Having a discussion on r-devel means that other community members get to discuss the pros and cons of your idea, and allows people to test your idea on other operating systems/versions of R, and with other use cases.

Contact the member of R Core directly

If your problem is fuzzy, and you aren’t finding any luck on r-devel, then you might want to try contacting a member of R Core directly. (I want to emphasise that you should usually try r-devel first, and email is less invasive than a phone call or turning up at their house.)

Most bits of R fall under general R Core maintenance but some specialist packages have a single maintainer, and direct contact is likely to be more successful for these.

For example, for anything related to the grid package, you need to speak to Paul Murrell. For anything related to lattice, you want Deepayan Sarkar. For codetools, you want Luke Tierney. Find out who the maintainers are with:

lapply(dir(R.home("library")), packageDescription)

In the end, you may use several methods of communication: I submitted a bug report about the paste examples, and then had some follow up email with Martin Maechler about updating further examples.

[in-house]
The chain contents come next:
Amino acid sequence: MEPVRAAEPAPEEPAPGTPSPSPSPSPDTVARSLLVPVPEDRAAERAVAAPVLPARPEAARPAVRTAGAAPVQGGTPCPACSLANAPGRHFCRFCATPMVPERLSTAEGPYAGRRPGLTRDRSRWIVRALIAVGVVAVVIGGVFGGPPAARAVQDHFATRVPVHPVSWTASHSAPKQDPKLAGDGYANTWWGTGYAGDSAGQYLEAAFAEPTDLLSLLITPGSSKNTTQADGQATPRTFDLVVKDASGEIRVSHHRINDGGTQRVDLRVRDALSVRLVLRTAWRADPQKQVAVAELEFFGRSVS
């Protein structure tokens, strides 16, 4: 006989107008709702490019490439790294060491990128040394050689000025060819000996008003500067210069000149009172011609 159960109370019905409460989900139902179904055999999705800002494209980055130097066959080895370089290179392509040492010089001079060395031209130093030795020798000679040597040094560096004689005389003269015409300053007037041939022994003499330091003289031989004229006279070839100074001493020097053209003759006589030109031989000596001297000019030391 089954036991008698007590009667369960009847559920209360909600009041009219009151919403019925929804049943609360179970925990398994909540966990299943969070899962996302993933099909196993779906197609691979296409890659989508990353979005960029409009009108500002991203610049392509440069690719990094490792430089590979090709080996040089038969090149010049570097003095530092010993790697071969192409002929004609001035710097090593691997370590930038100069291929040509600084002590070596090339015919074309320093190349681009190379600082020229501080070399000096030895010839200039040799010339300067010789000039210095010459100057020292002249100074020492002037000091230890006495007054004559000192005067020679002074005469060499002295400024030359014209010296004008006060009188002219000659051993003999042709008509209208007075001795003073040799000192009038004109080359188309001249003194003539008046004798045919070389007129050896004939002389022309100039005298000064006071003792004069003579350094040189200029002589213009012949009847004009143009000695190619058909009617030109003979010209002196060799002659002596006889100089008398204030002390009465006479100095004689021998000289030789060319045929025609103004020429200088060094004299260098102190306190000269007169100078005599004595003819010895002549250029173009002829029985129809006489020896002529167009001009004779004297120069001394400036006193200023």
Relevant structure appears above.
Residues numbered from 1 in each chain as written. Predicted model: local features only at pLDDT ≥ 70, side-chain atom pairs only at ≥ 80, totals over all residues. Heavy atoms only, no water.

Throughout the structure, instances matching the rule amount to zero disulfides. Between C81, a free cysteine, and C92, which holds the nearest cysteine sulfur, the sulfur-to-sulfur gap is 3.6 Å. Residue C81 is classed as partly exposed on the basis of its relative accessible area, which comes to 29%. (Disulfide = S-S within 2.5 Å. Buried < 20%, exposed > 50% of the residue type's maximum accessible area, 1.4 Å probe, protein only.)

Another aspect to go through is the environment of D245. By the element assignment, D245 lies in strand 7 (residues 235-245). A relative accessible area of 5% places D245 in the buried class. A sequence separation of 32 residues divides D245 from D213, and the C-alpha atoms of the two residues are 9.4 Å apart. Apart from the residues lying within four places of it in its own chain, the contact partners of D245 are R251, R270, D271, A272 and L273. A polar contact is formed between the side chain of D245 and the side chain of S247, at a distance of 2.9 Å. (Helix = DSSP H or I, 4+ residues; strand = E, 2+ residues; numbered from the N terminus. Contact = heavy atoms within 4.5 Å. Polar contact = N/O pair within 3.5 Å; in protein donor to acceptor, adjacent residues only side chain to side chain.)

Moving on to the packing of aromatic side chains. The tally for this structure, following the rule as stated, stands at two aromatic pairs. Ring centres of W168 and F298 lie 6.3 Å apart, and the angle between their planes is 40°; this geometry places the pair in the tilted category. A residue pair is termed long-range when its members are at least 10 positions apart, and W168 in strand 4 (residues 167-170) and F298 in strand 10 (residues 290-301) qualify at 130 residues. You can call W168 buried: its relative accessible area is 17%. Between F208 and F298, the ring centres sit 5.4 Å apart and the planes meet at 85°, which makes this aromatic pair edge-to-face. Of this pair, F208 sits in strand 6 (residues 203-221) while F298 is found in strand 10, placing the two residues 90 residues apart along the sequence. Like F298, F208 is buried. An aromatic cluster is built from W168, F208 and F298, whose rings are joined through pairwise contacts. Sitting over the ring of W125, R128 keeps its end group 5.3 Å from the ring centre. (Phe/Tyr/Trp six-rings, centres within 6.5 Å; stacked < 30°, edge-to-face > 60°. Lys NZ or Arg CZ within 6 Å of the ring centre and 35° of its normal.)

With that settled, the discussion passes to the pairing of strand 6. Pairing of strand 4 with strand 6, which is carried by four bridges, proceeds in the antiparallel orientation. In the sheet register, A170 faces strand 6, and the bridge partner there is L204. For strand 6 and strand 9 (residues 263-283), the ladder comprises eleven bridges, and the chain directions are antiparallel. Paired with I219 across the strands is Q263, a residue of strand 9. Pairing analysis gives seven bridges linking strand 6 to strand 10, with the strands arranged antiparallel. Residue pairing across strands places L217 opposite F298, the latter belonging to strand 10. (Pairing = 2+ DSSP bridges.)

In terms of time-scales, I’ve had a few bugs fixed the same day, but in general expect things to take weeks to months, especially for bigger changes.

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Improving base-R examples

25th November, 2014 11 comments

Earlier today I saw the hundred bazillionth question about how to use the paste function. My initial response was “take a look at example(paste) to see how it works”.

Then I looked at example(paste), and it turns out that it’s not very good at all. There isn’t even an example of how to use the collapse argument. Considering that paste is one of the first functions that beginners come across, as well as being a little bit tricky (getting to understand the difference between the sep and collapse arguments takes a bit of thinking about when you are new), this seems like a big oversight.

I’ve submitted this as a bug, with a suggested improvement to the examples. Fingers crossed that R-core will accept the update, or something like it.

It got me thinking though, how many other base functions could do with better examples? I had a quick look at some common functions that beginners seems to get confused with, and the following all have fairly bad example sections:
In base: browser, get, seq
In stats: formula, lm, runif, t.test
In graphics: plot
In utils: download.file, read.table

If you have half an hour spare, have a go at writing a better example page for one of these functions, or any other function in the base distribution, then submit it to the bug tracker. (If you aren’t sure that your examples are good enough, or you need advice, try posting what you have on r-devel before submitting a bug report. Dealing with bug reports takes up valuable R-core time, so you need to be sure of quality first.)

This seems like a really easy way to make R more accessible for beginners.